FAQ


The highest costs in time and money for any repair/maintenance schedule can usually be found in prep, equipment and labor. The single most obvious advantage for CORRIZON is requiring less costs in each of the above resources. Depending on a contractor’s region, sand blasting, hand tooling/grinding costs that meet or exceed standard preparation requirements (SSPC, ASTM, etc.), will far exceed the price of a CORRIZON treatment and related installation protocol.

Typically, pressure wash to degrease and pressure wash again. As long as there is no loose debris, CORRIZON will encapsulate and penetrate tightly adhered rust and through to the substrate. Apply “Corrizon Base” in thin layer up to 50 microns wet, without over lapping! After drying 15-120 min. depends on conditions apply second layer to the none coated areas. Where needed use paint brush to get to difficult to reach areas, be careful not to over coat.

CORRIZON encapsulates tightly adhered rust to make it into a tough, corrosive-resistant barrier from the environment. CORRIZON then continues to ionically bond to the metal below to create a corrosive resistant barrier to the base metal.

Because CORRIZON is waterborne, there is a carrier included within the product so that when water or moisture comes in contact with CORRIZON it may turn brown or white. This does not affect the performance of CORRIZON. CORRIZON is not necessarily a finish coat.

CORRIZON can be applied as a two-coat system depending on the substrate. If the metal and rust is flat and relatively smooth a one-coat system could be sufficient. However, if there is a wide range of pit ridges on tightly adhered rust, then a second coat may be required. The best application method is cross hatching or north-south, east-west. The second coat should be applied when first coat is tacking or near dry. In full sun and wind this could be as quickly as 10-15 minutes, or up to an hour in darkness or humidity.

Yes, if the damp surface implies a non-pooling substrate. If there is pooling, waste will occur because it will dilute the waterborne CORRIZON and will adversely affect its anti-corrosion properties.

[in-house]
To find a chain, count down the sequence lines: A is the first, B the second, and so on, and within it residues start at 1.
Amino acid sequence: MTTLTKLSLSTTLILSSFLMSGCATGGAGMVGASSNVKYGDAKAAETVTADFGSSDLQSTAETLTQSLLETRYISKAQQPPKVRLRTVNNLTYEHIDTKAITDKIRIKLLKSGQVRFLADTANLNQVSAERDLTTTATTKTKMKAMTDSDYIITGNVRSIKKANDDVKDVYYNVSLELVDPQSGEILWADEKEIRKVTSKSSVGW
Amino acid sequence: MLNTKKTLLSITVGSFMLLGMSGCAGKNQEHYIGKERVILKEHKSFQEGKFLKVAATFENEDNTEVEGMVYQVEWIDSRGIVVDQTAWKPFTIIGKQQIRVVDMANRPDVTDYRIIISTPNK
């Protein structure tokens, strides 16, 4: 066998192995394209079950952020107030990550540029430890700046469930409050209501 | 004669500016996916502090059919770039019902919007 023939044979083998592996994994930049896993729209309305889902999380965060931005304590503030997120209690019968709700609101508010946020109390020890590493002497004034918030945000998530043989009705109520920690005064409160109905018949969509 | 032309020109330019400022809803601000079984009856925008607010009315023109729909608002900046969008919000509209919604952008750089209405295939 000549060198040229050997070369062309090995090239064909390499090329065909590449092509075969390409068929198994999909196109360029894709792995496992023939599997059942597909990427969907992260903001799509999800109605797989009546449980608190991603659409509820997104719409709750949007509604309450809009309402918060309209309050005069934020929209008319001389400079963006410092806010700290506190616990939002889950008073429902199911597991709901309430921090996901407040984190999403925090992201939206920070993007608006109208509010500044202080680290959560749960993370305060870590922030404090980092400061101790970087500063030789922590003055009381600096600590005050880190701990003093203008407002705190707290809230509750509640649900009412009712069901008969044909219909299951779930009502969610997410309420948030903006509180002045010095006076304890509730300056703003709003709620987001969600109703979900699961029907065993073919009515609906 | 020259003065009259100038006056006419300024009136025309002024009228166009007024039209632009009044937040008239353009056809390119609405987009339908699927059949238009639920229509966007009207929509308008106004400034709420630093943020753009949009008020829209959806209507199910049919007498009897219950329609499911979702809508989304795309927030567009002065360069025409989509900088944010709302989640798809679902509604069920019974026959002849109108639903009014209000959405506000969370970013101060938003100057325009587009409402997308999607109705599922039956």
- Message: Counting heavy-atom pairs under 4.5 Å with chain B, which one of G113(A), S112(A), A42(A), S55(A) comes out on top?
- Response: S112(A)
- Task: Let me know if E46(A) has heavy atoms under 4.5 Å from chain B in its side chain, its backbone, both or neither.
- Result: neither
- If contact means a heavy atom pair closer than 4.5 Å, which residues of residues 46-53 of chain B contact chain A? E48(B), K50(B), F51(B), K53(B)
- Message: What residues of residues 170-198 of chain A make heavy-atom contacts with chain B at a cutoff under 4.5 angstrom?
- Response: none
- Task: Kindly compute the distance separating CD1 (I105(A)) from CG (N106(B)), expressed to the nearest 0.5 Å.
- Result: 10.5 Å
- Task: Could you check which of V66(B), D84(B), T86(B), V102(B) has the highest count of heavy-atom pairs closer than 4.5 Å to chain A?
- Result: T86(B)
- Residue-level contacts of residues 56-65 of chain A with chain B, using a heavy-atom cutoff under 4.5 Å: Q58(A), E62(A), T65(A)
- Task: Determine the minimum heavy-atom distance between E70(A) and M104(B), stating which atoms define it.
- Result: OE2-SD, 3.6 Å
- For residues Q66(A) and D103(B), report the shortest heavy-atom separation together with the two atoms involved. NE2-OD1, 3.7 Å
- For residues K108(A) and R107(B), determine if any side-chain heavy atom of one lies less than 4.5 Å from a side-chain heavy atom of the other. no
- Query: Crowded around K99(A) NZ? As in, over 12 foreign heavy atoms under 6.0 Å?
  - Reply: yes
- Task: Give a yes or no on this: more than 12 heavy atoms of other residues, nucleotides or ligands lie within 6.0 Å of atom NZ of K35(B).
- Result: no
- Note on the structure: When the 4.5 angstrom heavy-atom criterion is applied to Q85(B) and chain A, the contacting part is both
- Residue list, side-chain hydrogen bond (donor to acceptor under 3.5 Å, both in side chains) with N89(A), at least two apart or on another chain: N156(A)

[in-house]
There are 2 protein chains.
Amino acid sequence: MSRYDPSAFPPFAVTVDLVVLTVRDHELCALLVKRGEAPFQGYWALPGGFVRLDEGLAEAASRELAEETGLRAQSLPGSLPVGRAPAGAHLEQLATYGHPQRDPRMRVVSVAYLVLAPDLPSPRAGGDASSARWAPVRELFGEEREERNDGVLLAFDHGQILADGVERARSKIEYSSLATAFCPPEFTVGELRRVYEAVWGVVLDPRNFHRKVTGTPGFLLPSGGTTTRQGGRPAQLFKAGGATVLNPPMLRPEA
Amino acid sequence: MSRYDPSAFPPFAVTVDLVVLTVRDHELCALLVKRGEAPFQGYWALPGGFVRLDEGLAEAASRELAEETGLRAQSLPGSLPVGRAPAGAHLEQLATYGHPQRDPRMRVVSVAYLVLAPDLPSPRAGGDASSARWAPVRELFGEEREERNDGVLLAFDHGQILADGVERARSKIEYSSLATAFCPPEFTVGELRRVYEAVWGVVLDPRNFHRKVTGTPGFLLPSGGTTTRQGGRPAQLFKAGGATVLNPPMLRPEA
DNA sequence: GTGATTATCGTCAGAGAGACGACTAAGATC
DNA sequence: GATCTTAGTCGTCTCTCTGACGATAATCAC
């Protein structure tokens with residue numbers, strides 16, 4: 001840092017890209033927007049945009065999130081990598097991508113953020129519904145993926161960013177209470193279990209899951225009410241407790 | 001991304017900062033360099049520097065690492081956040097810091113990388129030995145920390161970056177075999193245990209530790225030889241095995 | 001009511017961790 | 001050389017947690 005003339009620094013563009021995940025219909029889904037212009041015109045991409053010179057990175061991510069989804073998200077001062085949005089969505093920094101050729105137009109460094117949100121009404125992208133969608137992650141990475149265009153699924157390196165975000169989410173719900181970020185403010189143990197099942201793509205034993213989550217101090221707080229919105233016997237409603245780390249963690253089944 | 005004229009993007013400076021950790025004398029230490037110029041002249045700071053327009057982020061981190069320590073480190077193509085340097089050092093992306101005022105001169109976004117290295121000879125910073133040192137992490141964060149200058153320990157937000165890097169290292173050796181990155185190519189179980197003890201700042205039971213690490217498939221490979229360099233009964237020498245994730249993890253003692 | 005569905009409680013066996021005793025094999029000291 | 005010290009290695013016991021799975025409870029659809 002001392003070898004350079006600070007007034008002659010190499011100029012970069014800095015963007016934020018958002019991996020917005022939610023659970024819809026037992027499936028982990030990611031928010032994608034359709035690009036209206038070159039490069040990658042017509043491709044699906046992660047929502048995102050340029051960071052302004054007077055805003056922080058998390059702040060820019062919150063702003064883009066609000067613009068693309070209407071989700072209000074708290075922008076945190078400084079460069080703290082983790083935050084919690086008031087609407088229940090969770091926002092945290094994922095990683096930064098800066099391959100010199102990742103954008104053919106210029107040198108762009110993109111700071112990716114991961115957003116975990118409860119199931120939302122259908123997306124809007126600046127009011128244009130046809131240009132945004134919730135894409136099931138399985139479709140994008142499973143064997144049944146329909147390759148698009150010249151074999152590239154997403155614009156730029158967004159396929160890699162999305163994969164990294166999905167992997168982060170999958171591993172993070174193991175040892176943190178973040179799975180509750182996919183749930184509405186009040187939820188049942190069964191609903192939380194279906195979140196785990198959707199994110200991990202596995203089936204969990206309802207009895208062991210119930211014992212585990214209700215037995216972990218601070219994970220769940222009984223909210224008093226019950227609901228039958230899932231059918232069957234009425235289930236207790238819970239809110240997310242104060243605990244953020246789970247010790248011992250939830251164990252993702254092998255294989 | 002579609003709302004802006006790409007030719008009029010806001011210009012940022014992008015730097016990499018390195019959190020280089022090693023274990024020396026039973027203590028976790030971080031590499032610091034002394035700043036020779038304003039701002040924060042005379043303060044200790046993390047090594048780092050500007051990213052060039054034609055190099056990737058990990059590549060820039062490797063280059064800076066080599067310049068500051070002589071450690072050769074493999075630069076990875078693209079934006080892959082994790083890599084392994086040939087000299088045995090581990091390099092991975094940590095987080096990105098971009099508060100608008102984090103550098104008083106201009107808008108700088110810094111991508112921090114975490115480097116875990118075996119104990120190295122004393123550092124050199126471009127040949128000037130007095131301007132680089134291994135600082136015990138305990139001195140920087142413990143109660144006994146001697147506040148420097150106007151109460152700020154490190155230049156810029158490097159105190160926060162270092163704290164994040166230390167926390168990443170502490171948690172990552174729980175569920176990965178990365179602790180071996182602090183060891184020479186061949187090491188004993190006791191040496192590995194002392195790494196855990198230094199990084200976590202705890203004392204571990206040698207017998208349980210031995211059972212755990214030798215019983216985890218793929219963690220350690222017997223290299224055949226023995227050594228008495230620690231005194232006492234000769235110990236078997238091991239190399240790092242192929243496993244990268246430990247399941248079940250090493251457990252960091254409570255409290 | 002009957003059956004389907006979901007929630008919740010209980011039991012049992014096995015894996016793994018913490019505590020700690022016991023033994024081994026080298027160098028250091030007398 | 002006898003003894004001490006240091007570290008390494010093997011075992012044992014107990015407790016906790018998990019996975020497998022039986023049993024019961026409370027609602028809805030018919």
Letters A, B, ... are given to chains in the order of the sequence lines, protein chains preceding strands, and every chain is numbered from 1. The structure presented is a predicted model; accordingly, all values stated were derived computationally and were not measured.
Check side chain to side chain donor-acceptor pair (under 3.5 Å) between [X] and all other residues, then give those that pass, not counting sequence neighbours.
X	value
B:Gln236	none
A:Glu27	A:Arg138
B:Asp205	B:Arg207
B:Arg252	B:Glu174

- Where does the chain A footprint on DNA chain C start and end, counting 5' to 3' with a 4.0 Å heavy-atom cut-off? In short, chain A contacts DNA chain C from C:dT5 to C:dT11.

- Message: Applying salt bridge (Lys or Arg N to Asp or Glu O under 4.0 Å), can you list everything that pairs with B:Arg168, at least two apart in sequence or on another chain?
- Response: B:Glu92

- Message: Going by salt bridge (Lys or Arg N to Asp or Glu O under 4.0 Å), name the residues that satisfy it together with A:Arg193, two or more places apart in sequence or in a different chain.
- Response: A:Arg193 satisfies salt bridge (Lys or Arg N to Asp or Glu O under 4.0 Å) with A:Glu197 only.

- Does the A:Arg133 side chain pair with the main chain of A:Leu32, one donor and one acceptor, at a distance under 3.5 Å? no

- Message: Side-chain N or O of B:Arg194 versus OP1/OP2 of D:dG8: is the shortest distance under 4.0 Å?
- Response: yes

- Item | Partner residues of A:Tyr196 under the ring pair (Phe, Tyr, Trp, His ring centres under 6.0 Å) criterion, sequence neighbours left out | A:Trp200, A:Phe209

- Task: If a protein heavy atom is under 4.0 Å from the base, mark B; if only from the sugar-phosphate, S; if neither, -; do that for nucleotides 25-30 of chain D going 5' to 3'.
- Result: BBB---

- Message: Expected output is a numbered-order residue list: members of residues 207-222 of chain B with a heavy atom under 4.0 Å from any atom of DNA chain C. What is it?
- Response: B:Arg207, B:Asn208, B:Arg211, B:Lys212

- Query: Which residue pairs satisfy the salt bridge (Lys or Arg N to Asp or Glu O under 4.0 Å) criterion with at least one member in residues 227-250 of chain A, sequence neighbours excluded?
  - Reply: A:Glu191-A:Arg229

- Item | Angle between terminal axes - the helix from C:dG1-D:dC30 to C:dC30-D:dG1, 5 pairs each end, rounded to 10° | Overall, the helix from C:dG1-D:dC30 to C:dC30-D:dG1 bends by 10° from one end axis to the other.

Not at all. This is part of our advantage. For example, if coating the chassis of a car, CORRIZON will not harm the rubber or the isolation of any electric wiring.

Both! Standard CORRIZON is conductive. Just coat and weld joints afterwards. However, if you need your surface to be non-conductive, CORRIZON can also be formulated to inhibit conductivity to provide insulating properties as well.

One of the best characteristics of CORRIZON is that it will not allow corrosion transmission beyond the damaged area. Only the exposed/damaged metal will be affected by the environment and can be repaired with CORRIZON as needed. CORRIZON is a fairly durable coating and should withstand normal abrasions.

Tacky to dry is the key state to look for when waiting to topcoat. CORRIZON operates under two conditions: 1) because CORRIZON is waterborne, the first state is “water release” which takes some time, and 2) its second state is a chemical cure period which encompasses corrosion and binds ionically to the metal substrate. The chemical cure may occur during or after a topcoat is applied (48 hours) but it is imperative that CORRIZON is dry to the touch before any topcoat is applied.

Always stripe any edge either with a spray brush or roller because CORRIZON is waterborne there will be shrinkage as it cures. We recommend a 25% over-spray with airless or conventional spray equipment. A 519 tip or larger orifice is preferred due to the viscosity of CORRIZON. Spraying too thick of a first coat will delay cure time and decrease the bonding between second coat, paint and/or epoxy topcoat. If rolled or brushed short nap rollers are preferred in a light touch over the substrate or completely covering it with CORRIZON. Well joints and pitted areas should be brushed to insure complete coverage and penetration. Any corroded areas with extensive pitting, jagged edges or uneven substrate should be double coated (two coats via north-south and east-west pattern).

Yes. We have extensive test results from Cal Poly San Luis Obispo that confirm (through SEM Testing) interaction between CORRIZON and existing paint and metal substrate, penetration not only occurs but, in some tests, CORRIZON manages to permeate the full thickness of the metal test sheet. Photos and literature are available, contact us for more information.